International Follies, Inc. and the company’s part-owner are facing a lawsuit that takes issue with the parties’ employment practices. The defendants allegedly operate an adult entertainment club in Atlanta known as Cheetah that employs or employed the plaintiffs as entertainers.
Until April 9, 2016, the entertainers were supposedly misclassified as independent contractors and were paid only in tips received from customers. The suit claims they were required to adhere to strict rules and guidelines that reflected an employer-employee relationship. The defendants supposedly specified the entertainers’ attire, hours, pricing, and conduct while at the club and fined them between $25 and $50 if they were late for work. On top of that, the case claims the plaintiffs participated in a tip pool from which the “house mom,” floor manager, disc jockey, and other typically non-tipped employees were permitted to retain wages – a practice the case claims violates the Fair Labor Standards Act’s tip credit requirements.
After April 9, 2016, the complaint continues, entertainers were reclassified as employees, though their duties remained essentially the same. The plaintiffs were then paid $2.13 per hour instead of being compensated solely in tips, the case says, with the defendants applying a tip credit to their wages despite maintaining a supposedly unlawful tip pool practice. Further, the lawsuit claims the plaintiffs spent at least one hour preparing for each shift and were required to remain on premises after the club closed to complete a check-out procedure and wait for customers to leave the parking lot – time for which they allegedly received no wages. Moreover, the case takes issue with the “cover” fee entertainers were supposedly required to pay when they were unable to work and had to find other employees to cover their shifts. These charges, according to the suit, caused employees’ wages to fall below the required hourly minimum and, when applicable, overtime rate.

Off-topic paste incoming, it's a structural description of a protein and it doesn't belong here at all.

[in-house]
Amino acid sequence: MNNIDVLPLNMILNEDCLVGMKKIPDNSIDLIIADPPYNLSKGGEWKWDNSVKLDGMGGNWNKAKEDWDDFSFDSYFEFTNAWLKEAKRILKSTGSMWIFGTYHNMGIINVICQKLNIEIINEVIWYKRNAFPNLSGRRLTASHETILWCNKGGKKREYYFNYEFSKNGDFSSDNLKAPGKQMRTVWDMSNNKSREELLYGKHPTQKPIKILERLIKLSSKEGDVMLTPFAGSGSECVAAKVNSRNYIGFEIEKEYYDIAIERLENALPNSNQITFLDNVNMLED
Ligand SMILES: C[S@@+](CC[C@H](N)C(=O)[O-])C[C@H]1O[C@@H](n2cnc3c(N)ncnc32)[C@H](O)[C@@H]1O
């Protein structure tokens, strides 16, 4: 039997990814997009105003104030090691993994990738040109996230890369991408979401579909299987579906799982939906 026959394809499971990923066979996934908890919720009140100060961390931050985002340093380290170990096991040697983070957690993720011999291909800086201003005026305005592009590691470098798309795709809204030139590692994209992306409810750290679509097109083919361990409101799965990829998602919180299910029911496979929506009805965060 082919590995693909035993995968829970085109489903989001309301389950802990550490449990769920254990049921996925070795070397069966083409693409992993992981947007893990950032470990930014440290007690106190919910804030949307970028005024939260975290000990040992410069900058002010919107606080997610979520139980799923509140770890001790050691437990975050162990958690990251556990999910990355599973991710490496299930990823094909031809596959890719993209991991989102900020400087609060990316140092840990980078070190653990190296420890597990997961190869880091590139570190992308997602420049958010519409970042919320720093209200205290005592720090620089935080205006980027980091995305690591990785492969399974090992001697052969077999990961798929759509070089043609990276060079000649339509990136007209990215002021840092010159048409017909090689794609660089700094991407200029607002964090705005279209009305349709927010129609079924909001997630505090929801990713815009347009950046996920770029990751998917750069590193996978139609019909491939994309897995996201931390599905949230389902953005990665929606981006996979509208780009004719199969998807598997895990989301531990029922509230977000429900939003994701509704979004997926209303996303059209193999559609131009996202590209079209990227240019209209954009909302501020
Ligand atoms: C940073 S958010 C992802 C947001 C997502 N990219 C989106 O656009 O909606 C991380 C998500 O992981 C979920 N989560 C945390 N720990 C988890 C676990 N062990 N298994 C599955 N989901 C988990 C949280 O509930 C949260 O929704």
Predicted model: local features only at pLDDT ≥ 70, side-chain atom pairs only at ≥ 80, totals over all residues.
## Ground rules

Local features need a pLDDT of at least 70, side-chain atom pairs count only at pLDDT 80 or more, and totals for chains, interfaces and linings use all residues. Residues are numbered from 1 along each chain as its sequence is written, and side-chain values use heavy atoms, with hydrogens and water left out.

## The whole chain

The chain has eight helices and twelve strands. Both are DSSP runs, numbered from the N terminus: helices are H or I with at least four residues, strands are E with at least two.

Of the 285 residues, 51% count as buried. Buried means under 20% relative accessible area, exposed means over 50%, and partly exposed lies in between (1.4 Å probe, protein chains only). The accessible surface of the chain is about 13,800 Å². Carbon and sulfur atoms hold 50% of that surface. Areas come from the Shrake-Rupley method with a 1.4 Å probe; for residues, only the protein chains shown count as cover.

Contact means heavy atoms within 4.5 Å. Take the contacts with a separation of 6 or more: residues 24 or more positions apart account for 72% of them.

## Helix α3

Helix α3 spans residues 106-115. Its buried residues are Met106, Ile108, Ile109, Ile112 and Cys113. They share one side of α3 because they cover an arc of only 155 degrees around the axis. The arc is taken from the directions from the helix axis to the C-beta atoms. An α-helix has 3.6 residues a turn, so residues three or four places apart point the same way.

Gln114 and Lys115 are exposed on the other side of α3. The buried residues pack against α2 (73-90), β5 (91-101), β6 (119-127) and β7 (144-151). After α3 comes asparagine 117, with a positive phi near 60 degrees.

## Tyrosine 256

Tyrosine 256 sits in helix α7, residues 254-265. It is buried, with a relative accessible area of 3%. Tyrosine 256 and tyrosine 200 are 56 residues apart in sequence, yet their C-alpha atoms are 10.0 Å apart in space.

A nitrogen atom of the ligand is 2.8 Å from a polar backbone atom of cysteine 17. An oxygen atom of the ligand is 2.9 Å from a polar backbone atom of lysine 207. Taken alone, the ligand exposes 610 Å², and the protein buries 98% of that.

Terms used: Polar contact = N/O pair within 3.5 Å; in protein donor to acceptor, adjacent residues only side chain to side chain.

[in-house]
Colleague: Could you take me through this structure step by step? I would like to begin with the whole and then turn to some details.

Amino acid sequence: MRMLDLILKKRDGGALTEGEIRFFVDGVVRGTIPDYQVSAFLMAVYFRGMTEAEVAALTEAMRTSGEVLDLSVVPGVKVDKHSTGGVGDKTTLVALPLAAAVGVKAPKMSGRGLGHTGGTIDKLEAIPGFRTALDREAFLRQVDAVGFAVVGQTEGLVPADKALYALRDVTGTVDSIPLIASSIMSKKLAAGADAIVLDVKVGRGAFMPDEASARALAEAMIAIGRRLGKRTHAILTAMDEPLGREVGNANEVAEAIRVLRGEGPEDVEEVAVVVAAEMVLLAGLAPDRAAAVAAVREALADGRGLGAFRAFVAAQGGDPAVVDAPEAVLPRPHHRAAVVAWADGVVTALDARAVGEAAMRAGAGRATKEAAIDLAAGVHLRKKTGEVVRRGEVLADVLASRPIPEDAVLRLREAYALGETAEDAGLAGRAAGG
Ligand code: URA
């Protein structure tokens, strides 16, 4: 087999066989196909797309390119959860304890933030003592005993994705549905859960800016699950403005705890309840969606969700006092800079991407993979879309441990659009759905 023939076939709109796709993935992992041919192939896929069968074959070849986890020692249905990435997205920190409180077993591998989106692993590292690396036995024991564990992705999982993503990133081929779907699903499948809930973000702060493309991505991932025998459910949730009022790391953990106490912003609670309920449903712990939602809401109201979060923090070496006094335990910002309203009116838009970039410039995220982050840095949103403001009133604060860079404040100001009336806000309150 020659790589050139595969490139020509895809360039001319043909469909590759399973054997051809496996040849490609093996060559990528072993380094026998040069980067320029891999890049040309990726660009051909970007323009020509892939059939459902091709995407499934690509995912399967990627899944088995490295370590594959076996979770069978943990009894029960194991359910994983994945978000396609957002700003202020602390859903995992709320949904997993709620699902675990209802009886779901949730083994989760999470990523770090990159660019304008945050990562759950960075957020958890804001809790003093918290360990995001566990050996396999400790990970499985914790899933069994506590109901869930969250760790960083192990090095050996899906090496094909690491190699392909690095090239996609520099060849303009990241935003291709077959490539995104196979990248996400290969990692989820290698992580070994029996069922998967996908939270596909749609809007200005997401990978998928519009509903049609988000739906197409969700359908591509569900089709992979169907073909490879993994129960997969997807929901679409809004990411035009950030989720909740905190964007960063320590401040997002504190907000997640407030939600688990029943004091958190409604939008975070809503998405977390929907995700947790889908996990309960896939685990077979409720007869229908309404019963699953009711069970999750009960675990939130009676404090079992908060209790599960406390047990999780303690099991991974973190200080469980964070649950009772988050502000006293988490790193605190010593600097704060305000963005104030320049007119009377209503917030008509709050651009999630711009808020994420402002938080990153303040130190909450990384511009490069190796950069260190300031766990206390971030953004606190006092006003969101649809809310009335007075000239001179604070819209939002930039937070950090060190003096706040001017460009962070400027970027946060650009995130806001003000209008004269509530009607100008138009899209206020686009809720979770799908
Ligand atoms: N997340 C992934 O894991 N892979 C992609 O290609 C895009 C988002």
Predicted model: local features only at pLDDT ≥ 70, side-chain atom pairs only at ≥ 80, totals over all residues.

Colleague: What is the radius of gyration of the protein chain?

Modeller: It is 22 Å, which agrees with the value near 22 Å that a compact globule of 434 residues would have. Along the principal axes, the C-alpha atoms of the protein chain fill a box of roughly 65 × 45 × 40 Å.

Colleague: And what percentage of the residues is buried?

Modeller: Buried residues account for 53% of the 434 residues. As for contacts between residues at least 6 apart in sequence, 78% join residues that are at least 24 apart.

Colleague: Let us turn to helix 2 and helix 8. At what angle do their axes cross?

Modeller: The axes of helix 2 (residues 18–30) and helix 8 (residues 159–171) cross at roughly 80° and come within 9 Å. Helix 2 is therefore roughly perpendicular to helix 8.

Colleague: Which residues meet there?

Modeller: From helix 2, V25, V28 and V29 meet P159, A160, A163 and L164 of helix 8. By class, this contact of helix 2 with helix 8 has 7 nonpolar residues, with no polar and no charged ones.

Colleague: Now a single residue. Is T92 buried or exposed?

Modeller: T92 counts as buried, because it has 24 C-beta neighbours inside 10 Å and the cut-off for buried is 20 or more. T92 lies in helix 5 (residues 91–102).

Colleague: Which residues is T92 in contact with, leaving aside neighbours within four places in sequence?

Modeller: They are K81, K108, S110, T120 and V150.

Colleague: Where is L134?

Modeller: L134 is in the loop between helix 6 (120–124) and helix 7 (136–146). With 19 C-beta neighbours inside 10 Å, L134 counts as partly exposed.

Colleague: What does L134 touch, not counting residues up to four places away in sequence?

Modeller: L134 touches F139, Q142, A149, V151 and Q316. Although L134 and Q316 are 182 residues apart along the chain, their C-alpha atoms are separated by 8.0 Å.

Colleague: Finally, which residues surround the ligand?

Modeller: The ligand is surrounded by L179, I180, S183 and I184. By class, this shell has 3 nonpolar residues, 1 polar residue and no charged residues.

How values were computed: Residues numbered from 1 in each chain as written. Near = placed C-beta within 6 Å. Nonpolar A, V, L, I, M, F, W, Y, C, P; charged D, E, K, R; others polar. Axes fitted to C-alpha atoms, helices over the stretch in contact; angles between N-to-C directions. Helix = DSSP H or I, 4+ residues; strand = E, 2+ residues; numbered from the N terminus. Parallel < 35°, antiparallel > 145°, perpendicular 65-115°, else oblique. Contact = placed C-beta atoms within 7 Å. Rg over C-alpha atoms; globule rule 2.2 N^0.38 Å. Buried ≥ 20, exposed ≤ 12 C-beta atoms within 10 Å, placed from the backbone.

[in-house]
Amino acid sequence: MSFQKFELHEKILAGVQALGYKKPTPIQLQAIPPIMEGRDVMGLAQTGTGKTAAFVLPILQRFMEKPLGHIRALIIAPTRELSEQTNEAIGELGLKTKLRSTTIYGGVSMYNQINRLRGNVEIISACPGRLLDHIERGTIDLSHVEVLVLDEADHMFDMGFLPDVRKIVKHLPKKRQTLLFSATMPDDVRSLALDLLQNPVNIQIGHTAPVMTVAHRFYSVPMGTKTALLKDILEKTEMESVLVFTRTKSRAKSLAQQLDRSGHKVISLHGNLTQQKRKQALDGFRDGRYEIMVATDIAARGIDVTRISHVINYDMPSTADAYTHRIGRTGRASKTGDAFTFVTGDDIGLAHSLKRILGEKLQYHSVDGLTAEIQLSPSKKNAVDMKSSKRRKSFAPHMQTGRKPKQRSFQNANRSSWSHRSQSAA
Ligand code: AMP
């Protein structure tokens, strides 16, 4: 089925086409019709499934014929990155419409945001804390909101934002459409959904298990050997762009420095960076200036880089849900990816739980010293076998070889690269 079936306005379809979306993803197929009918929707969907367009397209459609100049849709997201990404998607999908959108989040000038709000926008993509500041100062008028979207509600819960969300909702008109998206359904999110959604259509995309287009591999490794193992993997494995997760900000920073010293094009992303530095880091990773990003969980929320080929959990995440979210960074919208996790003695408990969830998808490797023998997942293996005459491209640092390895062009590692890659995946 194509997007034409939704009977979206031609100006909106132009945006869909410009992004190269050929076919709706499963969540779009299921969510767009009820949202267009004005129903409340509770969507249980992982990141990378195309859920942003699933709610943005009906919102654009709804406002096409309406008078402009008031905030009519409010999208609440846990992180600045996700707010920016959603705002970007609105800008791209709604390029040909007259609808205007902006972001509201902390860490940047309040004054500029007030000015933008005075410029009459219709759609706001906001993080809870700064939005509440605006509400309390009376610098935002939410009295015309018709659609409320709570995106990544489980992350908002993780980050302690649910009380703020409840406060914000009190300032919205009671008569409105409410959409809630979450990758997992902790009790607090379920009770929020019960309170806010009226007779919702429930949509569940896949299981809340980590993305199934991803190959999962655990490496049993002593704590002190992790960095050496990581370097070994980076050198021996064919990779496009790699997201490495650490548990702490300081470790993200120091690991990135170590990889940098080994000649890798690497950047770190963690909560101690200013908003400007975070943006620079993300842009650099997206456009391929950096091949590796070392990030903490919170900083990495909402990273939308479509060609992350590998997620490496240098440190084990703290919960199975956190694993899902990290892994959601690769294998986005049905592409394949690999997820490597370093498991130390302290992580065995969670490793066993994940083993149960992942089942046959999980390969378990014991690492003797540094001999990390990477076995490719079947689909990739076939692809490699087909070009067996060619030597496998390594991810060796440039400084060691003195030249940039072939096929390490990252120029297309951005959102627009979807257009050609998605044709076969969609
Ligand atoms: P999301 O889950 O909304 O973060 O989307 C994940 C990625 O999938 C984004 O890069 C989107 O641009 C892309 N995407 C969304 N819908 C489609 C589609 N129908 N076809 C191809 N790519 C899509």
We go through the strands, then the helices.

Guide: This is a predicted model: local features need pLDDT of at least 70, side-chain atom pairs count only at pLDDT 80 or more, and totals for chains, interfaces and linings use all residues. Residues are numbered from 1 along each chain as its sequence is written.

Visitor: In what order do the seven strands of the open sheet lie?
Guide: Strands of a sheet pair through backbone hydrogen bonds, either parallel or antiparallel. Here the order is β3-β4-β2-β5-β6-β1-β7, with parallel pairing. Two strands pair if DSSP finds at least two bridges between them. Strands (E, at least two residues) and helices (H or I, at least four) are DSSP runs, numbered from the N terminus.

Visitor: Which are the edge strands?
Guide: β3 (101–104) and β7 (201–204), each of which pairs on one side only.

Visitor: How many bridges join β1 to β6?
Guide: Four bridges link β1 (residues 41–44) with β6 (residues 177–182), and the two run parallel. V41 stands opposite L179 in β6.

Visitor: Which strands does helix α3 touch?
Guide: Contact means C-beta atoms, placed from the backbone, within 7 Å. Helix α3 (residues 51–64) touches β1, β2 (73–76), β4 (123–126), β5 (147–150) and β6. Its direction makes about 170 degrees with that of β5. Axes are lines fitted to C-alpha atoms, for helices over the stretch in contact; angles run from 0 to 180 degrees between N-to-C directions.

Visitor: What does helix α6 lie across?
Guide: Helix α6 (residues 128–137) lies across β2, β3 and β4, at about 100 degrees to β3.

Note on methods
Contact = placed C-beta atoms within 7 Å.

The case notes that Cheetah has “repeatedly been sued for similar non-compliance with the FLSA” and has defended itself in “numerous arbitration proceedings” alleging violations similar to those included in this lawsuit.